Drug addicts leaving used hypodermic needles in public spaces

Posted: Updated:
Used needles are being spotted in public places and one group has solutions to keep the public safe. (Source: CBS 5) Used needles are being spotted in public places and one group has solutions to keep the public safe. (Source: CBS 5)
Brian Thoi says homeless drug users and those who want to hide their drug use “shoot up” in public places because they don’t have a safer, private alternative. (Source: CBS 5) Brian Thoi says homeless drug users and those who want to hide their drug use “shoot up” in public places because they don’t have a safer, private alternative. (Source: CBS 5)
Thoi recommends installing needle disposal receptacles in public restrooms to keep the public safe from dirty needles. (Source: CBS 5) Thoi recommends installing needle disposal receptacles in public restrooms to keep the public safe from dirty needles. (Source: CBS 5)
He also wants a plan to provide safe spaces for addicts to use, spaces that are away from families and children. (Source: CBS 5) He also wants a plan to provide safe spaces for addicts to use, spaces that are away from families and children. (Source: CBS 5)
PHOENIX (3TV/CBS 5) -

A CBS 5 investigation found used hypodermic needles left near light rail stops, city parks and public restrooms. Advocates for homeless drug addicts say there is more that government officials can do to protect the rest of the public.

“It’s a huge issue and big health concern,” said Brian Thoi, who is a board member of Sonoran Prevention Works. The organization advocates for the health and the well-being of those affected by substance abuse.

Thoi says homeless drug users and those who want to hide their drug use “shoot up” in public places because they don’t have a safer, private alternative.

“If you don’t give those options to people then they’re left with the options of disposing on the street, improperly in trash cans, in public places, in public restrooms,” said Thoi.

This is an issue the firefighters at Phoenix’s Station 18 are all too familiar with.

“Bathrooms, restaurants, fast food places, bus stops, light rail stations,” said Capt. Kevin Duzy, who has seen drug use, drug paraphernalia and responded to overdoses at all of the places he mentioned.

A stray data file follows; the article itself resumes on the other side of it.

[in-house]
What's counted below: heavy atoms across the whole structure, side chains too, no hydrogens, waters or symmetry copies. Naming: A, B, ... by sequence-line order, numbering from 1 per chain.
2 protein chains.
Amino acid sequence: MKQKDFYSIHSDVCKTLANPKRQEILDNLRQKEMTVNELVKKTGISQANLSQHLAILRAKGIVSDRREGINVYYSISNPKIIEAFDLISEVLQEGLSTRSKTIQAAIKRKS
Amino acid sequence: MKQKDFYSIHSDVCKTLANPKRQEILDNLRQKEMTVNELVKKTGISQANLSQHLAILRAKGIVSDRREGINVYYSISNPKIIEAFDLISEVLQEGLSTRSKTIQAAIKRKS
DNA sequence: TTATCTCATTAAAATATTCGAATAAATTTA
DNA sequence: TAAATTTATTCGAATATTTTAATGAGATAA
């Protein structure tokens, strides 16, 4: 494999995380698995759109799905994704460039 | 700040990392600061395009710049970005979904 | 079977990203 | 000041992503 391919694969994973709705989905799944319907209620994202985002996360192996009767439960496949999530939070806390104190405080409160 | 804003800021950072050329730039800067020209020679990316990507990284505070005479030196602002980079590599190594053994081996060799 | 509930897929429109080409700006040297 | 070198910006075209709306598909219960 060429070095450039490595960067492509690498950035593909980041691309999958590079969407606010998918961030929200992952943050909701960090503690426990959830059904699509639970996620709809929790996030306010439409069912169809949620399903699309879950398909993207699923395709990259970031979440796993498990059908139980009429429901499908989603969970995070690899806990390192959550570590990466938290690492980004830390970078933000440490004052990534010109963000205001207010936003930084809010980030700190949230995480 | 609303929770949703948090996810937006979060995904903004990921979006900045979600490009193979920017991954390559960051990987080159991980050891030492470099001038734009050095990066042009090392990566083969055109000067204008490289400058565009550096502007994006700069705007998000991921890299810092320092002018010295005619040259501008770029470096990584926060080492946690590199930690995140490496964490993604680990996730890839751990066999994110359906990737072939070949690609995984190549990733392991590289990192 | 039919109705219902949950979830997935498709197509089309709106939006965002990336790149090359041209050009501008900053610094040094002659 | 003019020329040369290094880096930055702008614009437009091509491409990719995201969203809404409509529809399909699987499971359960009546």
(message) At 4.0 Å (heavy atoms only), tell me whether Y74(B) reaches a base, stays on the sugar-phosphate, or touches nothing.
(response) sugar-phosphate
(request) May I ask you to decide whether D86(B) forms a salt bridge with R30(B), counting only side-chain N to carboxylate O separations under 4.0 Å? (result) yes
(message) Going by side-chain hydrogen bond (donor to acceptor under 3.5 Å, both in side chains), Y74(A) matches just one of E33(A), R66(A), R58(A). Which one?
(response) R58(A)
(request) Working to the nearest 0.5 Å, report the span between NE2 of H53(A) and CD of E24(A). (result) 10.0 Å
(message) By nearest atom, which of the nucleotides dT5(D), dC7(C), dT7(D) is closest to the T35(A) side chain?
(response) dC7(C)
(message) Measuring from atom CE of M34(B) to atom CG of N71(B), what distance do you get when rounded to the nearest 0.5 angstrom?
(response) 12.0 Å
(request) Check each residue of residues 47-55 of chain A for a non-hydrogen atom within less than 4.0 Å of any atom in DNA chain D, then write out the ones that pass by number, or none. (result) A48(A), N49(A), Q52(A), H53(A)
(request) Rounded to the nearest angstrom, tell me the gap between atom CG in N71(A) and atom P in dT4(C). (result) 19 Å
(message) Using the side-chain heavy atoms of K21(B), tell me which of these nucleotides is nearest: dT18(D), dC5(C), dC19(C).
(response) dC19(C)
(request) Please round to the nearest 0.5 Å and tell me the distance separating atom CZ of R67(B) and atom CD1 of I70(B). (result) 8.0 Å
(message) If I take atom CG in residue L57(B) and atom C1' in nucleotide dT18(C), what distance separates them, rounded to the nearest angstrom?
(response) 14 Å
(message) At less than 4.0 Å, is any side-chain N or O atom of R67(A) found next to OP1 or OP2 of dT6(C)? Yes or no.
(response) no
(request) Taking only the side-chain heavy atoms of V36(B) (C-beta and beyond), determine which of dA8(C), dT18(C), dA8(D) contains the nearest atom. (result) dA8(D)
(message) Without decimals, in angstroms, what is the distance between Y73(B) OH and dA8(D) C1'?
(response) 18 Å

“You never know where you’re going to run into, you know, dirty needles or paraphernalia. It could be anywhere in a public place,” said Duzy.

Thoi argues that what is missing in the policy debates taking place in city halls, state capitols and in Washington, D.C. is a realistic discussion of what can be done to cut down on disease and keep the general public safe. He recommends installing needle disposal receptacles in public restrooms, as well as coming up with a plan to provide safe spaces for addicts to use, spaces that are away from families and children.

Click/tap here to download the free azfamily mobile app.

Copyright 2017 KPHO/KTVK (KPHO Broadcasting Corporation). All rights reserved.


Morgan  LoewMorgan Loew is an investigative reporter at CBS 5 News. His career has taken him to every corner of the state, lots of corners in the United States, and some far-flung corners of the globe.

Click to learn more about Morgan .

Morgan Loew
CBS 5 Investigates

Morgan’s past assignments include covering the invasion of Iraq, human smuggling in Mexico, vigilantes on the border and Sheriff Arpaio in Maricopa County. His reports have appeared or been featured on CBS News, CNN, NBC News, MSNBC and NPR.

Morgan’s peers have recognized his work with 11 Rocky Mountain Emmy Awards , two regional Edward R. Murrow Awards for investigative reporting, an SPJ First Amendment Award and a commendation from the Humane Society of the United States. Last fall, Morgan was inducted into the National Academy of Television Arts and Sciences Silver Circle, in recognition of 25 years of contribution to the television industry in Arizona.

Morgan is a graduate of the University of Arizona journalism school and Concord Law School. He is the president of the Arizona First Amendment Coalition and teaches media law and TV news reporting at ASU’s Walter Cronkite School of Journalism and Mass Communication.

When he’s not out looking for the next big news story, Morgan enjoys hiking, camping, cheering for the Arizona Wildcats and spending time with his family at their southern Arizona ranch.

Hide bio